GAMAByte: The Legal Ramifications of Going 3D (Printing, That is)

625 views

Published on

3D printing has been around since the early 1980s, but over the last several years has gained widespread attention as costs have dropped and access to the technology has grown. While it is possible to surmise what areas of law may be most implicated by broad adoption of 3D printing, one can only guess how their application might shape the future of manufacturing.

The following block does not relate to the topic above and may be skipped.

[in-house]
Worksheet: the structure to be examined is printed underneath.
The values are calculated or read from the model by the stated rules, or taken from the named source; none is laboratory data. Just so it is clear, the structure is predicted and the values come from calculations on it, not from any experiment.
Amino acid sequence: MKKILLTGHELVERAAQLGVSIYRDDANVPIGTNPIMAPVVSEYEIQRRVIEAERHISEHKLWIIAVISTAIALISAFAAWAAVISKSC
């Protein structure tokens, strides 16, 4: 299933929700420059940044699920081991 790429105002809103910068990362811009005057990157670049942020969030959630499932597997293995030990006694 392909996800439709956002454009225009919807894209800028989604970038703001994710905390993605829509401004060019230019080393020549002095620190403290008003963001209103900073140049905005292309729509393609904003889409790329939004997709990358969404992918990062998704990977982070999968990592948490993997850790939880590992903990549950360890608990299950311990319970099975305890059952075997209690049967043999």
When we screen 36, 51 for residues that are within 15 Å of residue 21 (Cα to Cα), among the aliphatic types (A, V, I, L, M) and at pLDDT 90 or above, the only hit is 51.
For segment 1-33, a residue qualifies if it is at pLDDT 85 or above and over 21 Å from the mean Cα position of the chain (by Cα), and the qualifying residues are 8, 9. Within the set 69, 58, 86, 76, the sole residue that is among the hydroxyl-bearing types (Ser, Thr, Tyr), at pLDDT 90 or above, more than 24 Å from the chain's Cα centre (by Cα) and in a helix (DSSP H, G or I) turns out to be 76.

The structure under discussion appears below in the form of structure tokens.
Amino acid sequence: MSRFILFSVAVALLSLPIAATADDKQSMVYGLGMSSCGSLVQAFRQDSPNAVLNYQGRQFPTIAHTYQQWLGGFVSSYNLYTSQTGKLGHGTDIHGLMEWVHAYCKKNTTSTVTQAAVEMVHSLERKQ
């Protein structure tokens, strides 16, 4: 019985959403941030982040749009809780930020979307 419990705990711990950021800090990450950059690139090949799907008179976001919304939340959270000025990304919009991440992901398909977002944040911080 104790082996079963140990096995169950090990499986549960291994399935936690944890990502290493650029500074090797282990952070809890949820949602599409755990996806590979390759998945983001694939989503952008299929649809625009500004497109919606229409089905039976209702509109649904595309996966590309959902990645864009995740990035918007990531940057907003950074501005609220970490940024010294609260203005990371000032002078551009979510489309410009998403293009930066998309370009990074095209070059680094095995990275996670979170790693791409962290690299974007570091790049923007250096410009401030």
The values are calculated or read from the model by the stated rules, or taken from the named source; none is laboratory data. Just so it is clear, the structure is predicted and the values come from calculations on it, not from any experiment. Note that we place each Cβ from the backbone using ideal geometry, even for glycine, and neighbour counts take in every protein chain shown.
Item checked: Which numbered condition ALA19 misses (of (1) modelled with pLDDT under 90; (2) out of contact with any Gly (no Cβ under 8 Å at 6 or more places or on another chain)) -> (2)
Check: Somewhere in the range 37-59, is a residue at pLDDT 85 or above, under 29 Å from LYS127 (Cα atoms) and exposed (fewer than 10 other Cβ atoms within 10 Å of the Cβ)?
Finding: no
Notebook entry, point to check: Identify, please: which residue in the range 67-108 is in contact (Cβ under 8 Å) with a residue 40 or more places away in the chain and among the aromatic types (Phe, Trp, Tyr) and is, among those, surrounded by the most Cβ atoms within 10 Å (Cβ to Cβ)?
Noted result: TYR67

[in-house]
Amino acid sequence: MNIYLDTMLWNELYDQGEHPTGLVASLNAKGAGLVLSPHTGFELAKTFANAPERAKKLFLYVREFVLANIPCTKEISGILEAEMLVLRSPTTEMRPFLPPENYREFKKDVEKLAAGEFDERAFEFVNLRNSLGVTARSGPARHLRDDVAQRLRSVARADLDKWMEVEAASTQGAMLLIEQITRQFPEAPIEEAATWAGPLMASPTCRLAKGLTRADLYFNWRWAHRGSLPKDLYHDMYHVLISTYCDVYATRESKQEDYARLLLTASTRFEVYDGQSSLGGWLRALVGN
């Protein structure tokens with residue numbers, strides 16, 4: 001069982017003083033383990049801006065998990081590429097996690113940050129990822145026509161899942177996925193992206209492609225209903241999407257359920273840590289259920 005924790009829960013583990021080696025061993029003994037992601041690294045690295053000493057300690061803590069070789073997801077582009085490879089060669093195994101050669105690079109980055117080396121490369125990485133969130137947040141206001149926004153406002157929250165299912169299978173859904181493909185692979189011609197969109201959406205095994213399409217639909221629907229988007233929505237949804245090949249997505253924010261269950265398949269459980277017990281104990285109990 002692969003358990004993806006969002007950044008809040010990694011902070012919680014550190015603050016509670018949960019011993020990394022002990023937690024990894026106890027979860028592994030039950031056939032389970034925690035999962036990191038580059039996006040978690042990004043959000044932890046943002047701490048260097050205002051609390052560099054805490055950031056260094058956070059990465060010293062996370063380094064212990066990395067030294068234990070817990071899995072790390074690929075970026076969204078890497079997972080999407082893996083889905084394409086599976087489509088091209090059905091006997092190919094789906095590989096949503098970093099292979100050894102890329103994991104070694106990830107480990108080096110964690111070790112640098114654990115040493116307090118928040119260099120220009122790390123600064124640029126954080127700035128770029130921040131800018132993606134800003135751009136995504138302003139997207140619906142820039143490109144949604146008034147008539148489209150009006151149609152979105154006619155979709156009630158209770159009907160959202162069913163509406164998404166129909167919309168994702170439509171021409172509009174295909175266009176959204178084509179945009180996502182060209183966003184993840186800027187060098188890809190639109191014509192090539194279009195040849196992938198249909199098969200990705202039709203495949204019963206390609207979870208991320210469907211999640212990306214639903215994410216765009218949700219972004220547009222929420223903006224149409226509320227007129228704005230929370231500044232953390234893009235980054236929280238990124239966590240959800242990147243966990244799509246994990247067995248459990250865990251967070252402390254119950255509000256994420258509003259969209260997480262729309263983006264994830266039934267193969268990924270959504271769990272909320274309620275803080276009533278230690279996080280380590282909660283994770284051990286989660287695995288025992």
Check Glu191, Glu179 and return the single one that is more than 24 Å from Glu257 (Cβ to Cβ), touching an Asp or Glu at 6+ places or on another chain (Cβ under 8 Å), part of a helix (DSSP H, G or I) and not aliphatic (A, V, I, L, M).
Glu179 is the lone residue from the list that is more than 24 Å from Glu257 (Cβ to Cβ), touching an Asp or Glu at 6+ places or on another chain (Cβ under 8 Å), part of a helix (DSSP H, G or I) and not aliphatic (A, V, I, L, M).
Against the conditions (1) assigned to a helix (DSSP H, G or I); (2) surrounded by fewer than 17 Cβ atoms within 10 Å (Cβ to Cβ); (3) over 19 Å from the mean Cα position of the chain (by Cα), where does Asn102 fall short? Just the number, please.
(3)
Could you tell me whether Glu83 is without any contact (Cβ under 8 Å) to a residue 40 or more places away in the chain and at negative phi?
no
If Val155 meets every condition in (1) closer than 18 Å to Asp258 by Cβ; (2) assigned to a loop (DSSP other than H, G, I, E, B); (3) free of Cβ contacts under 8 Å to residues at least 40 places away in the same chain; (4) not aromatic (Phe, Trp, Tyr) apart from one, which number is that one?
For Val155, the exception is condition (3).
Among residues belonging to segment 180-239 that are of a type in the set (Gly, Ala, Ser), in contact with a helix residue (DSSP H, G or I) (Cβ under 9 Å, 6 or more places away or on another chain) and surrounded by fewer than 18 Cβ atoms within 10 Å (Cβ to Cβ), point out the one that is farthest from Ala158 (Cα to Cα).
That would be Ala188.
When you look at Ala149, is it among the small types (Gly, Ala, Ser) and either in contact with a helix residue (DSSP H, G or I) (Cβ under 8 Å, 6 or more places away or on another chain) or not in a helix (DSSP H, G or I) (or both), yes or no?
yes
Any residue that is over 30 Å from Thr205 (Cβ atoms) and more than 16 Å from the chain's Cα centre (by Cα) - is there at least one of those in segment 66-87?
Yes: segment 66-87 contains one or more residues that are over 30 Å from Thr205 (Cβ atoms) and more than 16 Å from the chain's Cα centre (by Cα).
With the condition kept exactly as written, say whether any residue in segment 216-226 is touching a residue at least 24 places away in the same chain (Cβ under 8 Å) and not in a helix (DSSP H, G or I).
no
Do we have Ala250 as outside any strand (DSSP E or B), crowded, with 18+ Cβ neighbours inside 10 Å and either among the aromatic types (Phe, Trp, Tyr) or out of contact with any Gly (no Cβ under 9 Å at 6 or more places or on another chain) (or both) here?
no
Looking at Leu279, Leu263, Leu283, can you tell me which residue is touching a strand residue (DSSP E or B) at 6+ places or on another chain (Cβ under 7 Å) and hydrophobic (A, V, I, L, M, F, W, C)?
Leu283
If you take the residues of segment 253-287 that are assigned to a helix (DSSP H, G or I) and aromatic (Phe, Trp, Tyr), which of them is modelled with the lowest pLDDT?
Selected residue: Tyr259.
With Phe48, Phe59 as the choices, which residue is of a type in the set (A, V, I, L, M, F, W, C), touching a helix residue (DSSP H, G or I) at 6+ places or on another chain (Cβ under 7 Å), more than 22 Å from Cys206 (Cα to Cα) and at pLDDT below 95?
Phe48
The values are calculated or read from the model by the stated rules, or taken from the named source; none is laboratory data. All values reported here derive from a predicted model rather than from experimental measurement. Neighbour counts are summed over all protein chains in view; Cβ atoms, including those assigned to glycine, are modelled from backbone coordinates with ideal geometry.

Published in: Technology
0 Comments
0 Likes
Statistics
Notes
  • Be the first to comment

  • Be the first to like this

No Downloads
Views
Total views
625
On SlideShare
0
From Embeds
0
Number of Embeds
247
Actions
Shares
0
Downloads
1
Comments
0
Likes
0
Embeds 0
No embeds

No notes for slide

GAMAByte: The Legal Ramifications of Going 3D (Printing, That is)